U.S. Commerce Department issues "Mattresses: Notice of Finding that Flammability Standards or other Regulation May be Needed and Institution of Proceedings". (Federal Register, Vol. 35, No. 112, (June, 1970) pp. 8944-8955.
1971: U.S. Commerce Department issues "Mattresses: Notice of Proposed Flammability Standard. (Federal Register, Vol. 35, No. 175 (Sept. 1971) pp. 18095-18098. This is known as DOC FF 4-72, which essentially became the Consumer Product Safety Commissions "smoldering cigarette" standard. A sheet of newspaper can pass this test. A mattress prototype fails the test if a "char" extends more than 2 inches from the cigarette, or if the mattress ignites. All California mattresses would later be required to bear a small label stating:
Many labeling requirements in others states offer far less information.
The mattress industry, represented by the National Association of Bedding Manufacturers (now the International Sleep Products Association) criticizes the standard, maintaining among other complaints, that labeling would be too burdensome, that the level of smoldering performance was not technologically practicable, and testing prototypes would be too expensive.
The CPSC establishes that the technology is available and affordable. The industry is criticized for using "fugitive" treatments, which provide a modicum of ignition resistance for only a few months enough time to pass the smoldering test.
1973: Some small mattress manufacturers break ranks, and call for an open flame standard in addition to the cigarette standard. They believe it would cost a few cents to flame-retard a mattress. CPSC does not adopt an open flame standard.
1980s: Mattress makers begin selling open-flame resistant mattresses for use in hotels, prisons, and other institutions. Some federal and state governmental agencies require flame-retardant mattresses. Such mattresses are not made available to the public. CPSC does not adopt an open flame standard.
1988: British Government bans the use of non-flame-retardant polyurethane foam in mattresses. (Furniture and Furnishings Regulations 1988 SI No. 1324) The British Standards Institution has already devised open flame tests BS5852 (chairs, 1982) and BS6807 (mattresses, 1986). British foam and mattress industries quickly provide affordable fire-safe cushioning for mattresses.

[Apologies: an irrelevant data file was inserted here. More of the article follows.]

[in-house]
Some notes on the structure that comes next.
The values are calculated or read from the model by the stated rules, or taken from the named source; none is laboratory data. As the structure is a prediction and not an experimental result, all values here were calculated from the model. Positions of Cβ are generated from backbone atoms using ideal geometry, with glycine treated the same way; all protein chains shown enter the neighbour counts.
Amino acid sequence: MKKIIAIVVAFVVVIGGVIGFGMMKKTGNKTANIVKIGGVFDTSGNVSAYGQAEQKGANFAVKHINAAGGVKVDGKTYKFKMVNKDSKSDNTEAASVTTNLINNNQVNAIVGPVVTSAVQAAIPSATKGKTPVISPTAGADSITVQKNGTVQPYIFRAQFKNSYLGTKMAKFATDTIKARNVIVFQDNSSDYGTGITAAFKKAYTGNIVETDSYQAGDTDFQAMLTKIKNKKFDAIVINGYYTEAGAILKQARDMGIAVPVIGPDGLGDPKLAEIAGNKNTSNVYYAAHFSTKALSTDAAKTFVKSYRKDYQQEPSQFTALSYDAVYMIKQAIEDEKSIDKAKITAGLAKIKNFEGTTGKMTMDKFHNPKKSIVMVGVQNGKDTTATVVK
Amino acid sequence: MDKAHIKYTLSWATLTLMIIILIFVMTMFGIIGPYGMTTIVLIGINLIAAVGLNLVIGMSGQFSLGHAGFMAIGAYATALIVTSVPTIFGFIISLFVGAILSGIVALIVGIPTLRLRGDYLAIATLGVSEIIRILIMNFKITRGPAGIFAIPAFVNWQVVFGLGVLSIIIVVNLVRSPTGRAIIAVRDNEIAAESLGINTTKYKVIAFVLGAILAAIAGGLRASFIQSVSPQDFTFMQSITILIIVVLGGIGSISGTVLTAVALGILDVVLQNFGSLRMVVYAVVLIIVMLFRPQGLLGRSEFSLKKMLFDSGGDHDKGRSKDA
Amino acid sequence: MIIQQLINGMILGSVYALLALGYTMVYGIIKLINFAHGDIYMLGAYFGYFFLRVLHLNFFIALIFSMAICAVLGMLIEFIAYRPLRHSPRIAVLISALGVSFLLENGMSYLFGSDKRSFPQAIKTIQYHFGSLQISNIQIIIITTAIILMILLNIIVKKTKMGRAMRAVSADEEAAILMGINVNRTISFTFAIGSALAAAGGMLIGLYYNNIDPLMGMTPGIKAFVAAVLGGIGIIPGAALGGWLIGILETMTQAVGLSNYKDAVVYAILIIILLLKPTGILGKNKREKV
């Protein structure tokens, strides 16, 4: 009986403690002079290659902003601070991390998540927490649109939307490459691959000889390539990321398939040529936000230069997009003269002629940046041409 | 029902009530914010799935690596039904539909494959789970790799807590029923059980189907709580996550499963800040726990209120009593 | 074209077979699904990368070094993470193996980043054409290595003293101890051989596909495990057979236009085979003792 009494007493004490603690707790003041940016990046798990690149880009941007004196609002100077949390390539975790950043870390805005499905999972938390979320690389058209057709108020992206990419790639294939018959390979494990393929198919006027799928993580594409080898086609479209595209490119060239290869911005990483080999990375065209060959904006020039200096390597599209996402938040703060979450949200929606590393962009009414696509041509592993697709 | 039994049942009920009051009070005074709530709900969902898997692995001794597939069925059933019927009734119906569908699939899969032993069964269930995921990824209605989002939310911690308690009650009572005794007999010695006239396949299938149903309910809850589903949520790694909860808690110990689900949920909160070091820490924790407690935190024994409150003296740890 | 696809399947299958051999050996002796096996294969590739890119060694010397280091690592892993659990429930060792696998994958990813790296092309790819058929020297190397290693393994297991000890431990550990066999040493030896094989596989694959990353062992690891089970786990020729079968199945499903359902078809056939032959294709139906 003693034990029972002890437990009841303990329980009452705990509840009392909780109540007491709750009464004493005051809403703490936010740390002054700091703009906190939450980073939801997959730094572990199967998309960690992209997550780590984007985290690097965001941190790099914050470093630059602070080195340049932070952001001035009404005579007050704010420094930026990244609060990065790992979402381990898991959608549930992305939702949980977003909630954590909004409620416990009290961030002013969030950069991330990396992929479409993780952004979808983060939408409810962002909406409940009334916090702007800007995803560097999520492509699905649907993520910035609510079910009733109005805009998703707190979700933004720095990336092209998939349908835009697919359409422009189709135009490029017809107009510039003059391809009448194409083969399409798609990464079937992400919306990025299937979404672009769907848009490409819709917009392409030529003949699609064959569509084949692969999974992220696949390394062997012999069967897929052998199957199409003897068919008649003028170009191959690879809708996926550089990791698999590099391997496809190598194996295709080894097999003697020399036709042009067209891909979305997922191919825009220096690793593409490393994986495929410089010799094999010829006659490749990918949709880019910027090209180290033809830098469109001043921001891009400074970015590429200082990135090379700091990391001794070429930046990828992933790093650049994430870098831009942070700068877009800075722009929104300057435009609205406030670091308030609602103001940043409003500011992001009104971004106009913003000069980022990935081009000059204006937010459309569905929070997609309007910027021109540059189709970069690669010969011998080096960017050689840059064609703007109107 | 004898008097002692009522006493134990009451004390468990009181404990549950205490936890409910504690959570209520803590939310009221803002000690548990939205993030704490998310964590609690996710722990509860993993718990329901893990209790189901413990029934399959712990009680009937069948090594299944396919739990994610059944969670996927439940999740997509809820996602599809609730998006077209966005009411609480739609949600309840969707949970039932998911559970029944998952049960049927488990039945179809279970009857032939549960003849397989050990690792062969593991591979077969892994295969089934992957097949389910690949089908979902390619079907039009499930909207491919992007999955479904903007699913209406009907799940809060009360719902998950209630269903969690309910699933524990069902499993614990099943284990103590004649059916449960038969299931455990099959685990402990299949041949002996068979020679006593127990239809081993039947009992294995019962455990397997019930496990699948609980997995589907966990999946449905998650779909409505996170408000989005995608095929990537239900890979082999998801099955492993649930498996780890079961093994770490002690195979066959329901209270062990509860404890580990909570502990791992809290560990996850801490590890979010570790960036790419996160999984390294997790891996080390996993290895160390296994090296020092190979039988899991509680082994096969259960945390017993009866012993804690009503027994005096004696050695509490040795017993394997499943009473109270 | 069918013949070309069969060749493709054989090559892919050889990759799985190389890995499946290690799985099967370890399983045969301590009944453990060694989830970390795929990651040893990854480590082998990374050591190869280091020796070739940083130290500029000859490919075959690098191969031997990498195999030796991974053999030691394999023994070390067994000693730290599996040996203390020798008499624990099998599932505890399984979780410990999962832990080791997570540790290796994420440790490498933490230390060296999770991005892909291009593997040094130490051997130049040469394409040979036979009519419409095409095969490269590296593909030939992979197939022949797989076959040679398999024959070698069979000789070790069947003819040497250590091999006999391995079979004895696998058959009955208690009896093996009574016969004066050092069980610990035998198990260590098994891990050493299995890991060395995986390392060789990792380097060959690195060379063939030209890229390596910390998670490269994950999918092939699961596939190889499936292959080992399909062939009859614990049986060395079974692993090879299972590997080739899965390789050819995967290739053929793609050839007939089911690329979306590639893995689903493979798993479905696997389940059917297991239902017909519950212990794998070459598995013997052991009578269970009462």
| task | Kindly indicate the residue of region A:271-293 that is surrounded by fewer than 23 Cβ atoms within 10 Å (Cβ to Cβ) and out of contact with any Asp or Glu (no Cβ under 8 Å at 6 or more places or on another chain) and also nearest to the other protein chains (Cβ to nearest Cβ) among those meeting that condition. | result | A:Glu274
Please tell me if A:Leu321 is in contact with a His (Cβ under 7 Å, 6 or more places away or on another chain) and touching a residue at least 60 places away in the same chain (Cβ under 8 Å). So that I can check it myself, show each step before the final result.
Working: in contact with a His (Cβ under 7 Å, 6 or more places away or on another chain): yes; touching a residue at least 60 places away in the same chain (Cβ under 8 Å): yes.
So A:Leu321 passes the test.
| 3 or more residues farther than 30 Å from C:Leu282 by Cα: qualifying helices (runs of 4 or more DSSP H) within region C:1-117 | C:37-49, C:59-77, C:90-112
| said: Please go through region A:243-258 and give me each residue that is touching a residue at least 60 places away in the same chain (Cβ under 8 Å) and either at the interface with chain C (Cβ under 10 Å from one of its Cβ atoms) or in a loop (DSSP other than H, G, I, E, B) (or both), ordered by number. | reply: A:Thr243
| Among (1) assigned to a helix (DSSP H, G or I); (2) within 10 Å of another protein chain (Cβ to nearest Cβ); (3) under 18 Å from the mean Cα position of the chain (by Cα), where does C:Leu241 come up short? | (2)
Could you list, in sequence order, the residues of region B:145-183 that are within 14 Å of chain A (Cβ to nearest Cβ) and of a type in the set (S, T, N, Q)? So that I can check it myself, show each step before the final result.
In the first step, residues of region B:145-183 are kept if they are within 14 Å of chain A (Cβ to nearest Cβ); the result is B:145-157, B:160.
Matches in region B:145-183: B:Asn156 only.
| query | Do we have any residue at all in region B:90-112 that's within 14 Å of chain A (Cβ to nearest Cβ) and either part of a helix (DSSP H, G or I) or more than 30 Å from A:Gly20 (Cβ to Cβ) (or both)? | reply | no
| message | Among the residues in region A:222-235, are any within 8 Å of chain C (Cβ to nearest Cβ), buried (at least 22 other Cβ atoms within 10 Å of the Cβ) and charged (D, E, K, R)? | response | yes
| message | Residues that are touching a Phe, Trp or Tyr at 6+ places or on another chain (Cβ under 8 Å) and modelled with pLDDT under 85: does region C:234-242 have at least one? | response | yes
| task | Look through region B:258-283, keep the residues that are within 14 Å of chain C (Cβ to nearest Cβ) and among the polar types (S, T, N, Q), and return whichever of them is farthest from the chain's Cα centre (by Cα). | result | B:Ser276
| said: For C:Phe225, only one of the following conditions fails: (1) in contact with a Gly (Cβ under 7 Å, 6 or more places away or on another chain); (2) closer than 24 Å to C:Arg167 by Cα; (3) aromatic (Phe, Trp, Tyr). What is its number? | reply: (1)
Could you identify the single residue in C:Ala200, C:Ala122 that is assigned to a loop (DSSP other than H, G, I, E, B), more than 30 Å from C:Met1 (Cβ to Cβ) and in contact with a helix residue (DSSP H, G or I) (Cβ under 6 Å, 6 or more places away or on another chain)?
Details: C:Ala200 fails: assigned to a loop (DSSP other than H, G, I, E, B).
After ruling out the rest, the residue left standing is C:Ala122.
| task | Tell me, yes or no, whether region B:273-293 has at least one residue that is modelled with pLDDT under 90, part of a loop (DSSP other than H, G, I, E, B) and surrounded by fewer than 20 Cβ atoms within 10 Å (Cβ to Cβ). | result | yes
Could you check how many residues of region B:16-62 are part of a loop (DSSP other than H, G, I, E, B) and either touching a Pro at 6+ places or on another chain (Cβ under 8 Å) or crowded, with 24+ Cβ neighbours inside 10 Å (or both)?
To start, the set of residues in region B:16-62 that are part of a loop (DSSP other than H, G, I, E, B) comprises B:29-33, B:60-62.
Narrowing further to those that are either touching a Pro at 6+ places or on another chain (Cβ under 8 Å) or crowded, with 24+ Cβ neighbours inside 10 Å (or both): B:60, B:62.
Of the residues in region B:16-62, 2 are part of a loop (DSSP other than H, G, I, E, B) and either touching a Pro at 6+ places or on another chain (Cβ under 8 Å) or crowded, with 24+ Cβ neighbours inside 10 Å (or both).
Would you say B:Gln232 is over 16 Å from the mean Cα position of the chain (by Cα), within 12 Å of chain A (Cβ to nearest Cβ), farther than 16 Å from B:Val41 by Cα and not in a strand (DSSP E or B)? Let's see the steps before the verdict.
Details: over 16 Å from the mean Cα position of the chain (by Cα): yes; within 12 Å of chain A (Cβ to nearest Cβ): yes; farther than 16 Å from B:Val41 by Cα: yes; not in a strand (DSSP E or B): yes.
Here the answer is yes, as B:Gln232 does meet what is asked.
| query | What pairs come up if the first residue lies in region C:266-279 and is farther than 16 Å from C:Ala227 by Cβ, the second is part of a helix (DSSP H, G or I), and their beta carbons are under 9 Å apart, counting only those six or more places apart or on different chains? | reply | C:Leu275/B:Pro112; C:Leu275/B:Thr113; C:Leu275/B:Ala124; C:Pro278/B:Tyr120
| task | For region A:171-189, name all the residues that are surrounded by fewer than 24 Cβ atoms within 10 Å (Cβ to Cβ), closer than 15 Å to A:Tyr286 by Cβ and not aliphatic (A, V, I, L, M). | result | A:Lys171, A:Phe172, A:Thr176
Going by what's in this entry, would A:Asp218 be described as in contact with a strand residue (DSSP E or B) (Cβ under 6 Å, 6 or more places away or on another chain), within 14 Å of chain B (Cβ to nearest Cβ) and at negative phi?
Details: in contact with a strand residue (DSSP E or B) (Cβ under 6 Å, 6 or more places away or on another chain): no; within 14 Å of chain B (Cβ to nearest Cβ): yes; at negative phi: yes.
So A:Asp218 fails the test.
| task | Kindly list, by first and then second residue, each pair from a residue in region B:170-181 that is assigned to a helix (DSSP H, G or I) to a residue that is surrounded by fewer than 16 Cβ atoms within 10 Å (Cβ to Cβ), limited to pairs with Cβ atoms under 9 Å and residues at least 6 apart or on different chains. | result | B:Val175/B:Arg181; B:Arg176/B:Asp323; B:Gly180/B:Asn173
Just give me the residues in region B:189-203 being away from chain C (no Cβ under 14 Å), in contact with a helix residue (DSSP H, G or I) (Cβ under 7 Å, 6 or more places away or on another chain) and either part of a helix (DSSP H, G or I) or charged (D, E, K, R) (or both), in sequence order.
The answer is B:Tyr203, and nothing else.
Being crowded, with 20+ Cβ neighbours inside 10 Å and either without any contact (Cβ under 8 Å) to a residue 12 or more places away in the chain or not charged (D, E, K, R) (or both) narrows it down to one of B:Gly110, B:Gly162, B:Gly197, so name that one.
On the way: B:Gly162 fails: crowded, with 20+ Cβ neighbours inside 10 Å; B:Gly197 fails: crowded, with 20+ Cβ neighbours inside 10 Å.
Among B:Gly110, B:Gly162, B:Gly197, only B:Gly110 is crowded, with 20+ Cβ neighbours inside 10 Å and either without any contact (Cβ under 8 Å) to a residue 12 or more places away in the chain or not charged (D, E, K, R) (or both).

1989: U.S. Mattress industry conducts mattress burn study where "state-of-the-art" flame-retarded mattresses outperform conventional foam units. Fire-safe designs still not sold to the general public. British Standard BS7177 (open flame standard for mattresses, 1989) is devised. CPSC does not adopt an open flame standard.
1993: Foam companies begin issuing warnings to mattress makers regarding the potentially fatal hazard:
This warning is not "passed on to the ultimate users". Some members of the mattress industry begin to place three inch "hang tags", devised by the industrys "Sleep Products Safety Council (SPSC), on mattresses. The tags do not mention a fatal hazard. Further, consumers are denied the ability to be informed about the hazard at the retail level, as many mattress retailers routinely remove the tags for "cosmetic purposes" in the showroom. When the mattress is delivered, the tags are often torn-off by the delivery person and discarded.
1995: British open flame standard for mattresses adopted in European Standard EN 597-2. CPSC does not adopt an open flame standard.
1997: Two studies performed by CPSC and Sleep Products Safety Council (ISPA) to evaluate field incidents of mattress and bedding fires.
1998: Mattress industry association, International Sleep Products Association (ISPA) sponsors research at National Institute of Science and Technology (NIST) to measure fire performance of bed clothes.